Good Reads You May Have Missed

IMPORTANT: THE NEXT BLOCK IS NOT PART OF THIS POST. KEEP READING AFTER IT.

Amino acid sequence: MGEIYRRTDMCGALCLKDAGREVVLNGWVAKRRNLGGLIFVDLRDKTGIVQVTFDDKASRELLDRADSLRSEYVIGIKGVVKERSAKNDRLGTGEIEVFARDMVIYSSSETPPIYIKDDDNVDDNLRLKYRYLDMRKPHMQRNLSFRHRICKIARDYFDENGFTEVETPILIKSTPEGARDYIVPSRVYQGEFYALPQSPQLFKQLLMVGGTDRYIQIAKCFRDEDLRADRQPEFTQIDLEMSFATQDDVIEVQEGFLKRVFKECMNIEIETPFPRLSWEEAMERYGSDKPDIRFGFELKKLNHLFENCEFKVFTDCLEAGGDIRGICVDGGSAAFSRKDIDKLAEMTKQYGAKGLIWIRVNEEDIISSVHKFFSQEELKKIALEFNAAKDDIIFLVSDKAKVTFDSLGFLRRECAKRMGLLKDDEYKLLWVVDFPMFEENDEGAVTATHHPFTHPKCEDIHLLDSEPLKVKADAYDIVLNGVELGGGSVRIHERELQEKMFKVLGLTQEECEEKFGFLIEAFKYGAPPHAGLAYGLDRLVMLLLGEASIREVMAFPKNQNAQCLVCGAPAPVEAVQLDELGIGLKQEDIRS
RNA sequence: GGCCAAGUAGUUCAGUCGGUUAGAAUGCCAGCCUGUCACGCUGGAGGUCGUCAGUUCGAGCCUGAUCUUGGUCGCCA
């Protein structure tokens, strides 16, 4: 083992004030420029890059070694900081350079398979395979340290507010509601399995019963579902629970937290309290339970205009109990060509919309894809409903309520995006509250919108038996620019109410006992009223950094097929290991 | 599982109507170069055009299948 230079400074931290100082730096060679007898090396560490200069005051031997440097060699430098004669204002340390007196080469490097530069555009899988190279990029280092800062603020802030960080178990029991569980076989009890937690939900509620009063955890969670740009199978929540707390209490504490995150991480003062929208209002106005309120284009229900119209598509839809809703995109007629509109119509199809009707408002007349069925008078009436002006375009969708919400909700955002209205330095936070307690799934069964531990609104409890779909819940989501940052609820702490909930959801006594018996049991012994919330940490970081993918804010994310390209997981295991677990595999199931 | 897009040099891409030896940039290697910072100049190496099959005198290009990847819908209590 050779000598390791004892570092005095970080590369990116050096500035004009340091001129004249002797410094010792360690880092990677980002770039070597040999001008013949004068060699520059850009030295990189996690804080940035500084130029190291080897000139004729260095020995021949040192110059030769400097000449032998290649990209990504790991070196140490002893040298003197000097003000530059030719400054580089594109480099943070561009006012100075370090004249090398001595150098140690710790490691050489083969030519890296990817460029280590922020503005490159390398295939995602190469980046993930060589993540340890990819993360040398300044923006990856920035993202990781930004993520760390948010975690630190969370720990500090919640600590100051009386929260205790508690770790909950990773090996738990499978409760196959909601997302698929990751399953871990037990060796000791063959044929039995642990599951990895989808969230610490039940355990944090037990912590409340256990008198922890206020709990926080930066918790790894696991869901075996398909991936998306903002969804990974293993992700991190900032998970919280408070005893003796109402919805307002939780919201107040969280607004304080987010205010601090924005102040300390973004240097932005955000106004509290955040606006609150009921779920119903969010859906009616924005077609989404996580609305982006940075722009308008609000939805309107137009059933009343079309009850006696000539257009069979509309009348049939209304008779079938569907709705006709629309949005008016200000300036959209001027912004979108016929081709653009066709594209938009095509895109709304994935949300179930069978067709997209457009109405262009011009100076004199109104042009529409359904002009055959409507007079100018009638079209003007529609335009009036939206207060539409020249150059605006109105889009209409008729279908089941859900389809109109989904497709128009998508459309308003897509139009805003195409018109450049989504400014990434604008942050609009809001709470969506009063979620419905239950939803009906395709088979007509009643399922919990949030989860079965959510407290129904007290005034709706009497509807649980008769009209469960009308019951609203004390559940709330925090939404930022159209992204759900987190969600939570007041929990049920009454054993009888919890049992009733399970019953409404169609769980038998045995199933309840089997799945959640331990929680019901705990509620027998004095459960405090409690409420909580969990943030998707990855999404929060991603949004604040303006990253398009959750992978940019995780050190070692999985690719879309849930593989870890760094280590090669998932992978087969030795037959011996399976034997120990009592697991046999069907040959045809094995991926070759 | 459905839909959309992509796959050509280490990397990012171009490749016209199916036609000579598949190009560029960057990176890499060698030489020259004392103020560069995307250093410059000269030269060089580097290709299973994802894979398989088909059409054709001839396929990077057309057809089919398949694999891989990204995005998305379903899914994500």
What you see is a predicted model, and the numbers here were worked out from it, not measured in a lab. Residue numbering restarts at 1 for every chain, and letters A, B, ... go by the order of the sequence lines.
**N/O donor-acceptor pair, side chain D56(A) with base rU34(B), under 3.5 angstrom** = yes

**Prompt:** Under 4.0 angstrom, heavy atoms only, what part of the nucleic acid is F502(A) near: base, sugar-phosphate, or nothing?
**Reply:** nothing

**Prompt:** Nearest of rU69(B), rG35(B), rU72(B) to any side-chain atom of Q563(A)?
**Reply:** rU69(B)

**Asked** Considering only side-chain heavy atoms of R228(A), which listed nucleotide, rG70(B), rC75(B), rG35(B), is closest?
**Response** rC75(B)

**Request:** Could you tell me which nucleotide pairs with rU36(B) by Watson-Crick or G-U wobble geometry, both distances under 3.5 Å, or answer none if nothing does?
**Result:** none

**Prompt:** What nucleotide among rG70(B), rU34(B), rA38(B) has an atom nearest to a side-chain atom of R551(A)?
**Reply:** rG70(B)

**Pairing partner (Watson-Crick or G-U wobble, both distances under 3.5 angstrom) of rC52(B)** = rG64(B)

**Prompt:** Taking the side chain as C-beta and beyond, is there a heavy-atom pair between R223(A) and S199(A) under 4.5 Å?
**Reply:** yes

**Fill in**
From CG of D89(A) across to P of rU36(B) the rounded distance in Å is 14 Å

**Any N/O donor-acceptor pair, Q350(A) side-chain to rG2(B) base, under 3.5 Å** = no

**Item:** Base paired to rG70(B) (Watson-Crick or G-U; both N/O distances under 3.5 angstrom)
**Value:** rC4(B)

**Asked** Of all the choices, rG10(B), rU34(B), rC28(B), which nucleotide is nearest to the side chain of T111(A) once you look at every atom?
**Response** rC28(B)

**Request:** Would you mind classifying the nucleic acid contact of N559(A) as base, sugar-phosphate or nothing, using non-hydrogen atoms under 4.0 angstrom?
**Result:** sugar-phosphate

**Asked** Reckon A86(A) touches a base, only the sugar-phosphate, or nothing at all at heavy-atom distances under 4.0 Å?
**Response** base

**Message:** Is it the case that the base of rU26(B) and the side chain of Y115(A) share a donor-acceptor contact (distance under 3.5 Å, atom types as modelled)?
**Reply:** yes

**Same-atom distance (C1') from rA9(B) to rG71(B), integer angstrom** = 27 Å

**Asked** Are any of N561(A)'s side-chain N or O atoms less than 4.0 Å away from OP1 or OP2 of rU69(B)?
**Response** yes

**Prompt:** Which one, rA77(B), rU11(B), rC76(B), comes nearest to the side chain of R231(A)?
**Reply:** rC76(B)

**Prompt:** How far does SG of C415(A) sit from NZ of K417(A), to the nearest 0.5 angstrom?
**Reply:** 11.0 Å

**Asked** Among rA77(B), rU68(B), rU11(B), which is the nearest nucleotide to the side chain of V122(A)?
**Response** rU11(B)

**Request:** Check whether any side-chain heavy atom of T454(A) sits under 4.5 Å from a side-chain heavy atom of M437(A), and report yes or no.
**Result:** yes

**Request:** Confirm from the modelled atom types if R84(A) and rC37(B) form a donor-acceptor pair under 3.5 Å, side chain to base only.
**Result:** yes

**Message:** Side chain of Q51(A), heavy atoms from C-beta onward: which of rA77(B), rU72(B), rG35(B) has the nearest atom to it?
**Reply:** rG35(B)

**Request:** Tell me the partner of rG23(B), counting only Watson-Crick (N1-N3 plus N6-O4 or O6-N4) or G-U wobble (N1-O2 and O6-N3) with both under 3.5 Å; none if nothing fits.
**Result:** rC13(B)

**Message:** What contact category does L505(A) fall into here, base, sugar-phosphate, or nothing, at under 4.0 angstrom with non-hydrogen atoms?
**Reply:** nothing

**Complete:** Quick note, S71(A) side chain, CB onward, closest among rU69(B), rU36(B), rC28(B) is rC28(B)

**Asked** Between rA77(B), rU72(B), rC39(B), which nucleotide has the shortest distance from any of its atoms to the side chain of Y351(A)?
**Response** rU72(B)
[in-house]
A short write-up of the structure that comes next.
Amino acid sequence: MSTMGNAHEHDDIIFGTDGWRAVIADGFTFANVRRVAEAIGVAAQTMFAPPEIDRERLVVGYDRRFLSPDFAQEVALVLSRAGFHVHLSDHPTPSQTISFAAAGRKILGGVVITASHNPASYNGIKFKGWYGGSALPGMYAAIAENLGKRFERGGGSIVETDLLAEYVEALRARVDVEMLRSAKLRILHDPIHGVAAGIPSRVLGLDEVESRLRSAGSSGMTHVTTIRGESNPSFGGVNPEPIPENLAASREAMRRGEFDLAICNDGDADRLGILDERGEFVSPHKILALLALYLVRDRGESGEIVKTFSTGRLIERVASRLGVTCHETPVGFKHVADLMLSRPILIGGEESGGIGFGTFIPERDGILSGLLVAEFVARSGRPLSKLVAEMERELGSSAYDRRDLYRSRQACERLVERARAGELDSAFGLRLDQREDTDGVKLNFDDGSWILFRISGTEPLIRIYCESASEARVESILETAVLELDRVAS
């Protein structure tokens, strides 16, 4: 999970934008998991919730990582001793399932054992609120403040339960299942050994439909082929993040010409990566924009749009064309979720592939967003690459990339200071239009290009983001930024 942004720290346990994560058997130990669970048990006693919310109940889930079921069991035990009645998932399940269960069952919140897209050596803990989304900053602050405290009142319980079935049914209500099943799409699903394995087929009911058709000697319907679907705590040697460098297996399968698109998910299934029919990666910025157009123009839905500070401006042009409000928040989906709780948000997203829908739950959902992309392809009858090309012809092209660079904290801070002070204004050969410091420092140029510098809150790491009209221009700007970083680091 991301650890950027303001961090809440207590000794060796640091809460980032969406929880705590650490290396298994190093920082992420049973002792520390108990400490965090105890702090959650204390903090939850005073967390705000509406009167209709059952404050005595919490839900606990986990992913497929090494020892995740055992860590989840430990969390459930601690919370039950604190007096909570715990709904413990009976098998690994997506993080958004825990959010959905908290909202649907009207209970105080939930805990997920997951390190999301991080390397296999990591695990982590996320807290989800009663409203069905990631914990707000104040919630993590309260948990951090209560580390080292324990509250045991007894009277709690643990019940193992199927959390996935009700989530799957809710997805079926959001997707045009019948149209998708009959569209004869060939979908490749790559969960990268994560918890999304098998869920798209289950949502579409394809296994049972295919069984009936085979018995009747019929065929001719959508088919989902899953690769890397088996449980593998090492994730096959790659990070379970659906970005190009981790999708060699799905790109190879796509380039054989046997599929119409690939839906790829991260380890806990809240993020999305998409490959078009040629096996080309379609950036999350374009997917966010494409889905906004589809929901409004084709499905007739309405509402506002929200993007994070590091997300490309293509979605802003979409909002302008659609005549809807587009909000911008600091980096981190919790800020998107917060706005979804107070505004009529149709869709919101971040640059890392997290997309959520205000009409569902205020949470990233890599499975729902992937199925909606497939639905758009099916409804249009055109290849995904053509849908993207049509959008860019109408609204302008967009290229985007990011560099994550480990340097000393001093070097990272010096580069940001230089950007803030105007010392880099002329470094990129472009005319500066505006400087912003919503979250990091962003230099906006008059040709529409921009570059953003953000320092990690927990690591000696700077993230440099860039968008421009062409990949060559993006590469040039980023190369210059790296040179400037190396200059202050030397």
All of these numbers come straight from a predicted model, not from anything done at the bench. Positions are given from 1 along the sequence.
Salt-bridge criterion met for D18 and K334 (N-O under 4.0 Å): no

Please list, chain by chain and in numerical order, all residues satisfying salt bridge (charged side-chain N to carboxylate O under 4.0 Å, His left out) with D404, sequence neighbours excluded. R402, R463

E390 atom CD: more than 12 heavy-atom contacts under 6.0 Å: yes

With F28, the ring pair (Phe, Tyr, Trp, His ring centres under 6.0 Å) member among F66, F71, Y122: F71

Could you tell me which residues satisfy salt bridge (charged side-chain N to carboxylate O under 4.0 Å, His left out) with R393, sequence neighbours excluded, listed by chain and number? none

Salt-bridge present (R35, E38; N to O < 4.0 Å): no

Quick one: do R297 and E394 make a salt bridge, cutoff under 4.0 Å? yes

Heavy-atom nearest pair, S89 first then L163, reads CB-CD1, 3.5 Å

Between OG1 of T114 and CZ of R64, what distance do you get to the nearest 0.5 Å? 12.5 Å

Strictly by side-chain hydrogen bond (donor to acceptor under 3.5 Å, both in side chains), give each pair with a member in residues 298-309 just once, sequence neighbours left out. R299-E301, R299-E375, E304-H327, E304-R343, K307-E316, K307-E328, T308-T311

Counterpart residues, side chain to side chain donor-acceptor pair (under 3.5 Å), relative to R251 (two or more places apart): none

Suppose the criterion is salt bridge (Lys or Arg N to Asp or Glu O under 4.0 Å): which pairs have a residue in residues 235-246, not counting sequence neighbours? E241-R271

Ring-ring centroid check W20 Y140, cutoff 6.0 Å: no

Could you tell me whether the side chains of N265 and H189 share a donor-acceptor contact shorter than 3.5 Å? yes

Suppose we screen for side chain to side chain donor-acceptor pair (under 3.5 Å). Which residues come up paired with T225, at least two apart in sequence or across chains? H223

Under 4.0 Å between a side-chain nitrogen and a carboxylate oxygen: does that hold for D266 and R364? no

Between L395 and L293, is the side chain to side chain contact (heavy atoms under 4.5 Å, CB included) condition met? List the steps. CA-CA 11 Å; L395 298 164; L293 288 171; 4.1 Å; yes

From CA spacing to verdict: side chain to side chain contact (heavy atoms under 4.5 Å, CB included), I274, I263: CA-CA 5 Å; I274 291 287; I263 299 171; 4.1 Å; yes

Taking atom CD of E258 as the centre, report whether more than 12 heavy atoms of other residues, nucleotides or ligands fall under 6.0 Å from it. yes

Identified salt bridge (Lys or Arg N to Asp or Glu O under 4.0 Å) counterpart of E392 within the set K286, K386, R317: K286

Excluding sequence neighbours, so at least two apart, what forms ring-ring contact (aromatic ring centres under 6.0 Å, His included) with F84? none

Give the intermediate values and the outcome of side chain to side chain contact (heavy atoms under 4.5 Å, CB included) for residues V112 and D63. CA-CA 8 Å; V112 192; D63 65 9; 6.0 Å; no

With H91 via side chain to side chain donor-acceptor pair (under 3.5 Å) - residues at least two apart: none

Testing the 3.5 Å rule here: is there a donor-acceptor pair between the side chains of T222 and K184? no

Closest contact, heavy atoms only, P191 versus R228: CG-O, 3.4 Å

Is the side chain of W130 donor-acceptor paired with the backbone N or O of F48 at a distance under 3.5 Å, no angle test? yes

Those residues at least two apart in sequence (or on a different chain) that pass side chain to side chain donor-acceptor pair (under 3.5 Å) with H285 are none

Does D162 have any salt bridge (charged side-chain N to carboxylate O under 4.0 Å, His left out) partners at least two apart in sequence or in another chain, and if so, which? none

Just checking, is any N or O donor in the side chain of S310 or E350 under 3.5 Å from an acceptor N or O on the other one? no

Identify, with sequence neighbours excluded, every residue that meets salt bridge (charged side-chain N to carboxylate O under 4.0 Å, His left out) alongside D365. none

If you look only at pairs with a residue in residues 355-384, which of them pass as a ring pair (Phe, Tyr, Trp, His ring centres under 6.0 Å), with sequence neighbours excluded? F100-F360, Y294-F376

An occasional feature in Maryland Matters News on the redistricting front: A U.S. District Court in North Carolina on Monday ruled that the state’s congressional map is the product of a partisan gerrymander drawn by Republicans to favor Republicans. According to media accounts, the ruling could result in the state’s district lines being redrawn before the November election. And that could be a factor in whether the Democrats retake control of the House of Representatives. This was one of three redistricting cases that the U.S. Supreme Court heard last term and returned to local courts for further action. A challenge to the boundaries in Maryland’s 6th congressional district was one of the others. The map used in North Carolina’s 2016 congressional elections had already been redrawn after a federal court found that two of the districts in the state’s congressional map drawn after the 2010 Census were the products of racial gerrymandering. The partisan map that followed produced a 10-3 advantage for the GOP — even though the state has become a battleground in presidential elections. North Carolina and national media outlets provided fine coverage of the ruling on Monday. But a more thorough examination of the national and statewide political and legal implications can be found on the website Election Law Blog, which is written by law professor and election expert Rick Hasen. Check it out here. Meanwhile, The New York Times in its Sunday Review section carried a thoughtful commentary on the state of American Socialism — or Democratic Socialism, if you prefer. Written by Brooklyn College political scientist Corey Robin, it addressed both the arguments being advanced by modern-day American Socialists, and looks at the political appeal of successful young politicians who are labeling themselves as such. No, Maryland Democratic gubernatorial nominee Benjamin T. Jealous is not mentioned in the article. But given the debate in Maryland about his views — some of it reasoned, some of it demagogic — this commentary adds welcome context. Check it out here.